Post-1990 Revival

After the 1960s, the ukulele declined in popularity until the late 1990s, when interest in the instrument reappeared. During the 1990s new manufacturers began producing ukuleles, and a new generation of musicians took up the instrument. Former Beatle George Harrison became an enthusiastic player and advocate, frequently giving ukes as presents. The Ukulele Orchestra of Great Britain, formed in London in 1985, are one such group, and have played to audiences across the world. Hawai i-born Jake Shimabukuro has also become a popular ukulele performer in recent years, having played the instrument since the age of 4. Israel Kamakawiwo'ole also helped popularise the instrument, in particular due to his 1993 ukulele medley of "Over the Rainbow" and "What a Wonderful World", used in several films, television programs, and commercials. The song reached #12 on Billboard's Hot Digital Tracks chart the week of January 31, 2004 (for the survey week ending January 18, 2004). The instrument has also found use by some indie pop performers, such as Beirut and Noah and the Whale.

World

  • Japan: The ukulele came to Japanmarker in 1929 after Hawaiian-born Yukihiko Haida returned to the country upon his father's death and introduced the instrument. Haida and his brother Katsuhiko formed the Moana Glee Club, enjoying rapid success in an environment of growing enthusiasm for Western popular music, particularly Hawaiian music and jazz. During World War II, authorities banned most Western music, but fans and players kept it alive in secret, and it resumed popularity after the war. In 1959, Haida founded the Nihon Ukulele Association. Today, Japan is considered a second home for Hawaiian musicians and ukulele virtuosos.


  • Canada: In the 1960s, educator J. Chalmers Doane dramatically changed school music programmes across Canadamarker, using the ukulele as an inexpensive and practical teaching instrument to foster musical literacy in the classroom. There were 50,000 schoolchildren and adults learning ukulele through the Doane program at its peak.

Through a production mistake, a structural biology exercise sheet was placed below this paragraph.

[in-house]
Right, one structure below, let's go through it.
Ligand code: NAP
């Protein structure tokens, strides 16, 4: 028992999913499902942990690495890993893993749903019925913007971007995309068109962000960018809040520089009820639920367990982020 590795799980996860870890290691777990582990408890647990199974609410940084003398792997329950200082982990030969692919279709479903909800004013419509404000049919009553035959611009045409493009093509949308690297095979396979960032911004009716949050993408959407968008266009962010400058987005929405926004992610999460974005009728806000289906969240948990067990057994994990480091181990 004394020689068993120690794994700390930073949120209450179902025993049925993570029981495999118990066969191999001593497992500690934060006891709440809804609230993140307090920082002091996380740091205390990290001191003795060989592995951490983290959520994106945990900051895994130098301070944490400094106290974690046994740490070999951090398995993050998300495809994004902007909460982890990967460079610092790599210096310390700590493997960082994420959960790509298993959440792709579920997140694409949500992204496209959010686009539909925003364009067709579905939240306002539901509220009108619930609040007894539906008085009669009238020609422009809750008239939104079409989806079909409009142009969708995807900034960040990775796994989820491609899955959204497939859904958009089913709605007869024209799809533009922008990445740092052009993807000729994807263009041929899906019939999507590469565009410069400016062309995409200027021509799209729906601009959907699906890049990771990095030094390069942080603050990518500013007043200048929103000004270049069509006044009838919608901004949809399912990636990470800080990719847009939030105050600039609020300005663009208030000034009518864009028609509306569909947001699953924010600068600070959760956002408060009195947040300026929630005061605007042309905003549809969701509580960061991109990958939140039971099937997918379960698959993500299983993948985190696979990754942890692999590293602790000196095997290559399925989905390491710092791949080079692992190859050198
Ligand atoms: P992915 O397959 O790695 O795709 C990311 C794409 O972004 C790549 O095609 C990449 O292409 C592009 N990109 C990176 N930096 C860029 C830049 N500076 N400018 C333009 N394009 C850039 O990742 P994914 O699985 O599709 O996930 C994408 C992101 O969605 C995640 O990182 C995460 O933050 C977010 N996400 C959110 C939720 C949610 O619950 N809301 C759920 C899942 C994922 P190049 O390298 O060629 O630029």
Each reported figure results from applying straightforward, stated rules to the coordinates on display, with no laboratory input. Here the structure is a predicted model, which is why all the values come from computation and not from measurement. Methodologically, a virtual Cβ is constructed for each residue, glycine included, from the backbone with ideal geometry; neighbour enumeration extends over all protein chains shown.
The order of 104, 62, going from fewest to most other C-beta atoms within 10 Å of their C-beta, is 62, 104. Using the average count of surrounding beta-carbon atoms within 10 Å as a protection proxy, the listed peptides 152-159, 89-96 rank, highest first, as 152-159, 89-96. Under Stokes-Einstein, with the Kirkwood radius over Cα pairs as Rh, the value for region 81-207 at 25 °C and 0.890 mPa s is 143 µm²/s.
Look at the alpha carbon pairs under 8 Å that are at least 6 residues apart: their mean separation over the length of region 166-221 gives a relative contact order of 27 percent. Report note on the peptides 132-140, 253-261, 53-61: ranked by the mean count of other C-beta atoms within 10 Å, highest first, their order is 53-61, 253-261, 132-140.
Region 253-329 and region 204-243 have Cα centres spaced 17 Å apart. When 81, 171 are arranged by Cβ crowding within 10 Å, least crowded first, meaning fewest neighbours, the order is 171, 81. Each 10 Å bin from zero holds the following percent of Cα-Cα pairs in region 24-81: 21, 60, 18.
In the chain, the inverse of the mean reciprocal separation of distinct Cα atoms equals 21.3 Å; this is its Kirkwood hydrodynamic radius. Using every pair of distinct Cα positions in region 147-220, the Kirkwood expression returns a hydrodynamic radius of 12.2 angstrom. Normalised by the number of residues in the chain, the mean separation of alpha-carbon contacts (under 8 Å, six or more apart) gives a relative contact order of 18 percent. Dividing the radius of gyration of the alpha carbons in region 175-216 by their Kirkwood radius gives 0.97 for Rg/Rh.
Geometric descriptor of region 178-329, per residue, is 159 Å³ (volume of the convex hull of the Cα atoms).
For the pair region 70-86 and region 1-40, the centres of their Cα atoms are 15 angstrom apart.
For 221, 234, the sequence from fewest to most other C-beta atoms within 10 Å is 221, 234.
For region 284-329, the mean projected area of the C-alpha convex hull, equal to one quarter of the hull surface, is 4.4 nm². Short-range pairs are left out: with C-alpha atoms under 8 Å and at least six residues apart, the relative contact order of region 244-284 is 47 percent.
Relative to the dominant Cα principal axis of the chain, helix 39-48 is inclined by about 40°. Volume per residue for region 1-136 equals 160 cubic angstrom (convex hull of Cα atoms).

Pronunciation

While the mainstream American English pronunciation of "ukulele" is {yoo-kuh-ley-lee}, some English speakers prefer to accurately follow the original Hawaiian pronunciation: {oo-koo-ley-ley}. Though the American English pronunciation is more common overall, the Hawaiian pronunciation is favored within Hawai i and by individuals interested in Hawaiian culture.

Types and tunings

Ukuleles hanging in a music store.

Construction

Ukuleles are generally made of wood, although variants have been made composed partially or entirely of plastic. Cheaper ukuleles are generally made from ply or laminate woods, in some cases with a soundboard of an inexpensive but acoustically superior wood such as spruce. Other more expensive ukuleles are made of exotic hardwoods such as mahogany (Swietenia spp.). Some of the most valuable ukuleles, which may cost thousands of dollars, are made from koa (Acacia koa), a Hawaiian wood known for its fine tone and attractive color and figure. photo

Typically ukuleles have a figure-eight body shape similar to that of a small acoustic guitar. They are also often seen in non-standard shapes, such as an oval, usually called a "pineapple" ukulele, or a boat-paddle shape, invented by the Kamaka ukulele company, and occasionally a square shape, often made out of an old wooden cigar box.

These instruments may have just four strings; or some strings may be paired in courses, giving the instrument a total of six or eight strings.

Sizes